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by Tim Beissmann

A new study has shown convincing motorists to support autonomous vehicles may be a major challenge, despite many of the world’s leading car makers promising to launch driverless technology by the end of the decade.

A survey of 1000 adults conducted by ORC International for the Chubb Group of Insurance Companies revealed that less than one in five people said they would buy an autonomous car.

Almost 70 per cent said they would not feel safe being the ‘driver’ of a driverless car, while less than a quarter said they would feel confident allowing a loved one to be a passenger in one.

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The study follows comments from Tesla CEO Elon Musk last week, who said he is hopeful of launching a self-driving version of the Model S sedan as early as 2016.

Last month, Nissan said it would be ready with “multiple, commercially viable ‘Autonomous Drive’ vehicles by 2020”, while Audi, General Motors, Toyota and Volvo have also been vocal about their development of driverless technology and their intentions to introduce the technology into production vehicles in the near future.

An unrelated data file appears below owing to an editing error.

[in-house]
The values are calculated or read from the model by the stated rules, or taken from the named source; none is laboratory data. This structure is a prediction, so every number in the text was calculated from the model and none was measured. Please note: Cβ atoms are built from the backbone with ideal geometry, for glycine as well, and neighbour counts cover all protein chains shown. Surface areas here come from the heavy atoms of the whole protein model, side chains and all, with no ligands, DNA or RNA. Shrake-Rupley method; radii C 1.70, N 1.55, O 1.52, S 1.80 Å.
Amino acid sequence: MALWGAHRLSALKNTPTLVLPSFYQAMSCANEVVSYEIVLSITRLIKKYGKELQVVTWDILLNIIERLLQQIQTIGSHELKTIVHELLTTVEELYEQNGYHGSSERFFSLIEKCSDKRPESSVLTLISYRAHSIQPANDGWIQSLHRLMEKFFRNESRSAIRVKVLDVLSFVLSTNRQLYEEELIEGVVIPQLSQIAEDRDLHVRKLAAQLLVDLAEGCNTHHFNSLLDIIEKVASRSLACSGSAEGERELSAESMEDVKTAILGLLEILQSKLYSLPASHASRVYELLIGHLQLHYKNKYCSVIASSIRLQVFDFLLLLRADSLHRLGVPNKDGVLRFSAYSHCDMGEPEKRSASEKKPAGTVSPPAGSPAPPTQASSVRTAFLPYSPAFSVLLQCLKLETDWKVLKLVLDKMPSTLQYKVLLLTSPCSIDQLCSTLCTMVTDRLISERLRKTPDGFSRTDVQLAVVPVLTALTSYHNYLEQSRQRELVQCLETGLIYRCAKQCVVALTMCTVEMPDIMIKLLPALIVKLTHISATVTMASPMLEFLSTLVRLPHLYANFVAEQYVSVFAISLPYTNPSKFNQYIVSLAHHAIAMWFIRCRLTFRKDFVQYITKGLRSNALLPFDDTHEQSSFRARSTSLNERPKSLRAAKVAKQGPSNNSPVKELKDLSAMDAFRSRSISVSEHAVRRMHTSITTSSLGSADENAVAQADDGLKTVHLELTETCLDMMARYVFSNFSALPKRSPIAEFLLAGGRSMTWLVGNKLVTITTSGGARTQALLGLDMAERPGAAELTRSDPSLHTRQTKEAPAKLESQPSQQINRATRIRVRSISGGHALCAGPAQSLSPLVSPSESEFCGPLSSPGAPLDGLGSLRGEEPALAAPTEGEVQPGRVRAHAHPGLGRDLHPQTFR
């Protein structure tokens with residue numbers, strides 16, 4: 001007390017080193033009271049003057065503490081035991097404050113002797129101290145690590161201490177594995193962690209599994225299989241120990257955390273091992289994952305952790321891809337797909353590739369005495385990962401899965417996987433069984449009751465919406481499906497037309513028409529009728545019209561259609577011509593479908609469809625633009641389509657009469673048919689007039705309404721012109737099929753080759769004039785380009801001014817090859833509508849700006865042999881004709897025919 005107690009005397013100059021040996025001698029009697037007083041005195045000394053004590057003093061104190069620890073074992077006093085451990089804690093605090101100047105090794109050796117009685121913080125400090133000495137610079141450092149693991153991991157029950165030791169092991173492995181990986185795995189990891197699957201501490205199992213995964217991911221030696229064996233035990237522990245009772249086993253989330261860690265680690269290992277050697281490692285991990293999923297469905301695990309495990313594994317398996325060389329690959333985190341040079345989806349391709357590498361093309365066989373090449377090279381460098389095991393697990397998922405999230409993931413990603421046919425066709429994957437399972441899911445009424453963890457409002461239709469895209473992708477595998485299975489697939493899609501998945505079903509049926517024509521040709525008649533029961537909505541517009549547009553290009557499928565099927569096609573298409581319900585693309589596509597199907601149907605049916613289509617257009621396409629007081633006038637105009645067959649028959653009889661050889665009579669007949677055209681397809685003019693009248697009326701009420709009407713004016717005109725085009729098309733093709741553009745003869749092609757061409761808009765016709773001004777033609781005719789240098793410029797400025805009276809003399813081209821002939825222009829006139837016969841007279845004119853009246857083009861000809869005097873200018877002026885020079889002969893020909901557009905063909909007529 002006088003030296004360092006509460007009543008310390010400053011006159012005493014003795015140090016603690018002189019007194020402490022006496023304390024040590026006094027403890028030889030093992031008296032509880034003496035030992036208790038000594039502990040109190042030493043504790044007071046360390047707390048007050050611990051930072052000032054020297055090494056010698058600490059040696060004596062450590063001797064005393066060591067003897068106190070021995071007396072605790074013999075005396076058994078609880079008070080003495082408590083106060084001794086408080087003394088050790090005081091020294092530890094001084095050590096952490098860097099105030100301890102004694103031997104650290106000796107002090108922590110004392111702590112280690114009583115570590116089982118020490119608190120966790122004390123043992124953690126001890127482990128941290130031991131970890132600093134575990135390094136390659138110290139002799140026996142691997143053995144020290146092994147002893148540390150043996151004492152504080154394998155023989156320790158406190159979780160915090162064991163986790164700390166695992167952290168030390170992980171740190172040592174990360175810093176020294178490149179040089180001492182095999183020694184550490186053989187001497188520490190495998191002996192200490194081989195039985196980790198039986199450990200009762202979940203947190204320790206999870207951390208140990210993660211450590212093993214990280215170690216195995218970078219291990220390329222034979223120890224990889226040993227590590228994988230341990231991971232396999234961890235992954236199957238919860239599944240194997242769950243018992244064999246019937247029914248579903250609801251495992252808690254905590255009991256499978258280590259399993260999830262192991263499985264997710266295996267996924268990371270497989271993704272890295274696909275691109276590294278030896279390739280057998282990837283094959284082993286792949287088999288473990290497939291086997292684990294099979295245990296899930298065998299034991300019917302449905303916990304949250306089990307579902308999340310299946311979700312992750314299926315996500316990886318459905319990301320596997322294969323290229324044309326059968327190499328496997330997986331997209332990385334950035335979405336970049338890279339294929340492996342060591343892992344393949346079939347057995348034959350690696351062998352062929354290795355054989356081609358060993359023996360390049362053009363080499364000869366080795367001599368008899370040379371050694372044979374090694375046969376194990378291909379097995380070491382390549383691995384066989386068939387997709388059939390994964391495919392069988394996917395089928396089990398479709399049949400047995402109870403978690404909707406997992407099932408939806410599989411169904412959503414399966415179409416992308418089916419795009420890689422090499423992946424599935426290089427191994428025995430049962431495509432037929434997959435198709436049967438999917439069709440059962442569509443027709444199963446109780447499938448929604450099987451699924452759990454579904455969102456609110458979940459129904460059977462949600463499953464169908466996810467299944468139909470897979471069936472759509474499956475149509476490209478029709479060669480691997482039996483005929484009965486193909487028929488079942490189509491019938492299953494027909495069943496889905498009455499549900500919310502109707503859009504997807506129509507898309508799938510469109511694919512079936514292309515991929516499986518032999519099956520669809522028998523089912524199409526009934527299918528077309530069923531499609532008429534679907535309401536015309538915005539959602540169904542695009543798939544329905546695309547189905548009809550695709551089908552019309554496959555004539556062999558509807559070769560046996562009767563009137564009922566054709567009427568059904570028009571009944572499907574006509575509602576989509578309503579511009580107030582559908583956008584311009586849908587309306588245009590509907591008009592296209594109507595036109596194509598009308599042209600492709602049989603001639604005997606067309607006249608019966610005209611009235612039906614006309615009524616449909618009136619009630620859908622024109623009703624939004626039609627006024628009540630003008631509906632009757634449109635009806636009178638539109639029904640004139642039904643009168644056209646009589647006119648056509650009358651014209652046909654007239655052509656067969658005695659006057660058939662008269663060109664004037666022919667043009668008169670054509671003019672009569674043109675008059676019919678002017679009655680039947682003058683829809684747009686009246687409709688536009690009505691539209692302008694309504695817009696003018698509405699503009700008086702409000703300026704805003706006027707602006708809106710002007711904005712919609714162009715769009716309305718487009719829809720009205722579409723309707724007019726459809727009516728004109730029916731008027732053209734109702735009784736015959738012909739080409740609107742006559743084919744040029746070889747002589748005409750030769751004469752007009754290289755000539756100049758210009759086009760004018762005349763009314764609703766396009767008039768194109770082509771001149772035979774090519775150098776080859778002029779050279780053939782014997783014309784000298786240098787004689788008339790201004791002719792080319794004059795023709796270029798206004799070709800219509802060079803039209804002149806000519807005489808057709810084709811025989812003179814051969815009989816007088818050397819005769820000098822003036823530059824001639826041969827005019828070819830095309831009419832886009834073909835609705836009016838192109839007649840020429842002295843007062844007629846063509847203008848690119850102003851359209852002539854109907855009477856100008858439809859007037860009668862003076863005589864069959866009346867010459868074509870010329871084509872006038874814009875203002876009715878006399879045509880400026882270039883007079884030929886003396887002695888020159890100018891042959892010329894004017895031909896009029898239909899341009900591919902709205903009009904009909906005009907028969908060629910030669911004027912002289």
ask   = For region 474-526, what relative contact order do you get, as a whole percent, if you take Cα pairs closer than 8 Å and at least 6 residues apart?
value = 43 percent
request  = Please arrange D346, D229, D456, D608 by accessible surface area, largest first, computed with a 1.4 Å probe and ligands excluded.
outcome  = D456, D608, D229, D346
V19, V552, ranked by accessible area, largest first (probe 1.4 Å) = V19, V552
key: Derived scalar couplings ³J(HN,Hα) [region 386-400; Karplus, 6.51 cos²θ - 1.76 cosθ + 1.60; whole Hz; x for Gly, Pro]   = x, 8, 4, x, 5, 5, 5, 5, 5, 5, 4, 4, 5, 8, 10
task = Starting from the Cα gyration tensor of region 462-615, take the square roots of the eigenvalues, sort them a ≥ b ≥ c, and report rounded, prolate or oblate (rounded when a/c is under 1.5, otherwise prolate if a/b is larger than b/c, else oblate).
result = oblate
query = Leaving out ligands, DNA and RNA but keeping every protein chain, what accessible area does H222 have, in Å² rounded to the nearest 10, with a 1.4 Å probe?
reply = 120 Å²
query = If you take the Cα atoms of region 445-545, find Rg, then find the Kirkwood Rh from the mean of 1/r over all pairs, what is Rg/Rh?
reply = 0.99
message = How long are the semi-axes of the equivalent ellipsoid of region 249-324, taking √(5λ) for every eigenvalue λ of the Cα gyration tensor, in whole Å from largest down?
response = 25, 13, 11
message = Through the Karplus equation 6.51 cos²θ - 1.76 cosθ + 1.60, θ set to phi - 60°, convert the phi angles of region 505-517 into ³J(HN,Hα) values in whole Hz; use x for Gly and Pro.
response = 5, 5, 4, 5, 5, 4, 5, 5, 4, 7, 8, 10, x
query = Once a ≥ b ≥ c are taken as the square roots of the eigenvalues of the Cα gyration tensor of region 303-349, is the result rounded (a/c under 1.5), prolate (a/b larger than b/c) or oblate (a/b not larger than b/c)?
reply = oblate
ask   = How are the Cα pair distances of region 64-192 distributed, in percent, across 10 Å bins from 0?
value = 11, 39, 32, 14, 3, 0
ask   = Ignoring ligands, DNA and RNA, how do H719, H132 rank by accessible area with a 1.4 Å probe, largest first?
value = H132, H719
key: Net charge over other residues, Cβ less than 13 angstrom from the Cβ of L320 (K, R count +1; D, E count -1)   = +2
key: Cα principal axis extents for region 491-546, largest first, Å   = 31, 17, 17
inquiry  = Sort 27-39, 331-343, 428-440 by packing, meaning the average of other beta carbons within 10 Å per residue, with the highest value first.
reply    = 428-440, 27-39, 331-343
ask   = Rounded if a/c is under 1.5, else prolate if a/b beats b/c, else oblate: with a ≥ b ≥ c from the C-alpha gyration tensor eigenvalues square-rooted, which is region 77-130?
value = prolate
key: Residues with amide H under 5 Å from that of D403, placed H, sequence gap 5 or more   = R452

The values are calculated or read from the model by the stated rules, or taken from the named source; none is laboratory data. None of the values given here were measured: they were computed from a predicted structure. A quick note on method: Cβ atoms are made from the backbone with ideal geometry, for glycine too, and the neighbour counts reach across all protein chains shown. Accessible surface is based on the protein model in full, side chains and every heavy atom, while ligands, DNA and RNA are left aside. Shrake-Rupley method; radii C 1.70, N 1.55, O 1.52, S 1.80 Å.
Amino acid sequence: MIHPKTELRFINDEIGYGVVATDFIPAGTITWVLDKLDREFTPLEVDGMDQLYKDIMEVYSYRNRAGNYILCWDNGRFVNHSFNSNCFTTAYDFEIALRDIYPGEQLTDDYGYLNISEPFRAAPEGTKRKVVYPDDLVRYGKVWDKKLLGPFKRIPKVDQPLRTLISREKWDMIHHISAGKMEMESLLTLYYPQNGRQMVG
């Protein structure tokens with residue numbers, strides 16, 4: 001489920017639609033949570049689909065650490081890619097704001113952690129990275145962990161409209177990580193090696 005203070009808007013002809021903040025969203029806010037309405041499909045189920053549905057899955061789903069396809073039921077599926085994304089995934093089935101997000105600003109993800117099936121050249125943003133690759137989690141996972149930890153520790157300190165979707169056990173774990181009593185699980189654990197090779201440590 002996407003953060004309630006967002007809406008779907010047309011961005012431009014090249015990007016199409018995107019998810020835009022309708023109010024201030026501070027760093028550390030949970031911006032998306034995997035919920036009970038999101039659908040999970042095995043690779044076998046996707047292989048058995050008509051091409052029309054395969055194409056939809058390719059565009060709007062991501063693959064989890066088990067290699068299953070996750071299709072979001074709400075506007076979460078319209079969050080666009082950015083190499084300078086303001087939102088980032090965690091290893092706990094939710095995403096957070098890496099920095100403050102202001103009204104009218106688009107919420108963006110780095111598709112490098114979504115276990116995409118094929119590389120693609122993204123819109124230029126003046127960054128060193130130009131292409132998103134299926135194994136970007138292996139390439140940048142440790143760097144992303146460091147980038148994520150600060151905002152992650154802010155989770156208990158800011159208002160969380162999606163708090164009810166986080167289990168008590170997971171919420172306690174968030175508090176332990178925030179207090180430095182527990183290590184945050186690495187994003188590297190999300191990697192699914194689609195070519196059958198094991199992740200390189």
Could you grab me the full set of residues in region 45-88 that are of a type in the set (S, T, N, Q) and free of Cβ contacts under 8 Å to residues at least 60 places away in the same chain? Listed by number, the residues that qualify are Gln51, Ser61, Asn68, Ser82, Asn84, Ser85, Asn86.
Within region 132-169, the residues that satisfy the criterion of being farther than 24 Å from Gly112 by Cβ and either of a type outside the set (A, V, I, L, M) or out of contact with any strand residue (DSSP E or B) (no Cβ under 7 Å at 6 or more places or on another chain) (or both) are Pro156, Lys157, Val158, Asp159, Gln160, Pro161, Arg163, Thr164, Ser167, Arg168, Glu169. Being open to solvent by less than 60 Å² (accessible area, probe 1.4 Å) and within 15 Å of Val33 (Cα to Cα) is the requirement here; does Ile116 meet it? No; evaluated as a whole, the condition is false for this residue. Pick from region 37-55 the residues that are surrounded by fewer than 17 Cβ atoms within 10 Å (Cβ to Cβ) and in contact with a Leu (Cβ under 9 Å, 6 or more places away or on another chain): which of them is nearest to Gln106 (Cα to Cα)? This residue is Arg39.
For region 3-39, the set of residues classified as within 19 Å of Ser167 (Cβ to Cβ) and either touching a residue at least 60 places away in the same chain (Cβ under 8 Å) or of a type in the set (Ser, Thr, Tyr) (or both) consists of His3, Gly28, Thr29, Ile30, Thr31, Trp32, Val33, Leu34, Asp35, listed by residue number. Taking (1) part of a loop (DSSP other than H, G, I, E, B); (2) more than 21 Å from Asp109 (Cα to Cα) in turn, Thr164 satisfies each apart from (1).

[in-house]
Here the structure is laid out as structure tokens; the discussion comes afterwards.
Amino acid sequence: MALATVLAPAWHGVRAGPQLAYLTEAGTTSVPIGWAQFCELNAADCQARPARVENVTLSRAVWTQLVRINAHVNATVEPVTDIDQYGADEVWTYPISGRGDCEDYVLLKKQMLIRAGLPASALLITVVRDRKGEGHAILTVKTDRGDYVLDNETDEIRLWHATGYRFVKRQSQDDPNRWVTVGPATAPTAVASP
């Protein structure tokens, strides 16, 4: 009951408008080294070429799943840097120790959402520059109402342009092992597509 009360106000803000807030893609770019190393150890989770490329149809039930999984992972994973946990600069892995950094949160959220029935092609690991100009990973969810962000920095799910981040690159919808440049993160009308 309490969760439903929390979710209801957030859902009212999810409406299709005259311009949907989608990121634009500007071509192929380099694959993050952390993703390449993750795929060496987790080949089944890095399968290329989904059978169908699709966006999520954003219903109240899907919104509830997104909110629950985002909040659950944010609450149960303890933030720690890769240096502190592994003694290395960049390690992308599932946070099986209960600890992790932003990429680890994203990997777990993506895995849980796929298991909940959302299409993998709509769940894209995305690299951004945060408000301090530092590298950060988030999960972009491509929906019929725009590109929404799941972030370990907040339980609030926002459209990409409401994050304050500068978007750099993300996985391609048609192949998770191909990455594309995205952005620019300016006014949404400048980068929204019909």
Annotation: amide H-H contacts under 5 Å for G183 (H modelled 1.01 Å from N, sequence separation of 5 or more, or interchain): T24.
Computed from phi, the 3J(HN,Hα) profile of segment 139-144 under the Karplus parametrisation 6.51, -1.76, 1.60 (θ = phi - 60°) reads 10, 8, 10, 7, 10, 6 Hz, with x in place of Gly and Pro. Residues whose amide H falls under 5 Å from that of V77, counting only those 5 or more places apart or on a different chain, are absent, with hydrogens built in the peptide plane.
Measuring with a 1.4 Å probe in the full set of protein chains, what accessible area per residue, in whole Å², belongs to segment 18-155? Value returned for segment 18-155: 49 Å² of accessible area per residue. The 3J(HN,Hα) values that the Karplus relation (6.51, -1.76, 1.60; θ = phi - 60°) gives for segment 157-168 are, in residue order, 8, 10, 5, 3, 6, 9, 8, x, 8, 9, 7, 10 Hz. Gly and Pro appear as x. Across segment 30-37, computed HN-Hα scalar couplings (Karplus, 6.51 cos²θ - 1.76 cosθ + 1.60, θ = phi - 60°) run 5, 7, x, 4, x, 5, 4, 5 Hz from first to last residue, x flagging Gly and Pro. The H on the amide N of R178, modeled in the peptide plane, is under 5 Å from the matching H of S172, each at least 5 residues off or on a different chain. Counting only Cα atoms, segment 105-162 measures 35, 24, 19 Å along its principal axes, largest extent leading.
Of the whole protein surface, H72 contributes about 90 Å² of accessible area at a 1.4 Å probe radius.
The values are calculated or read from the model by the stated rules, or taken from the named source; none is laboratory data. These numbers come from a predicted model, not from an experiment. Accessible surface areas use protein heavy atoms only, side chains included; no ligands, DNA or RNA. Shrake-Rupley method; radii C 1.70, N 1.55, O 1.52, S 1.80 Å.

Google has also been a leading player in the development and real-world testing of driverless cars.

While motorists are hesitant to hand over complete control to vehicles, they are far more accepting of autonomous technologies that provide assistance in potentially dangerous situations.

Almost nine in 10 said they would pay extra to have their car equipped with lane departure warning, three-quarters said forward collision warning with automatic braking was a worthwhile investment, while 70 per cent believed adaptive cruise control was a useful safety and convenience feature.




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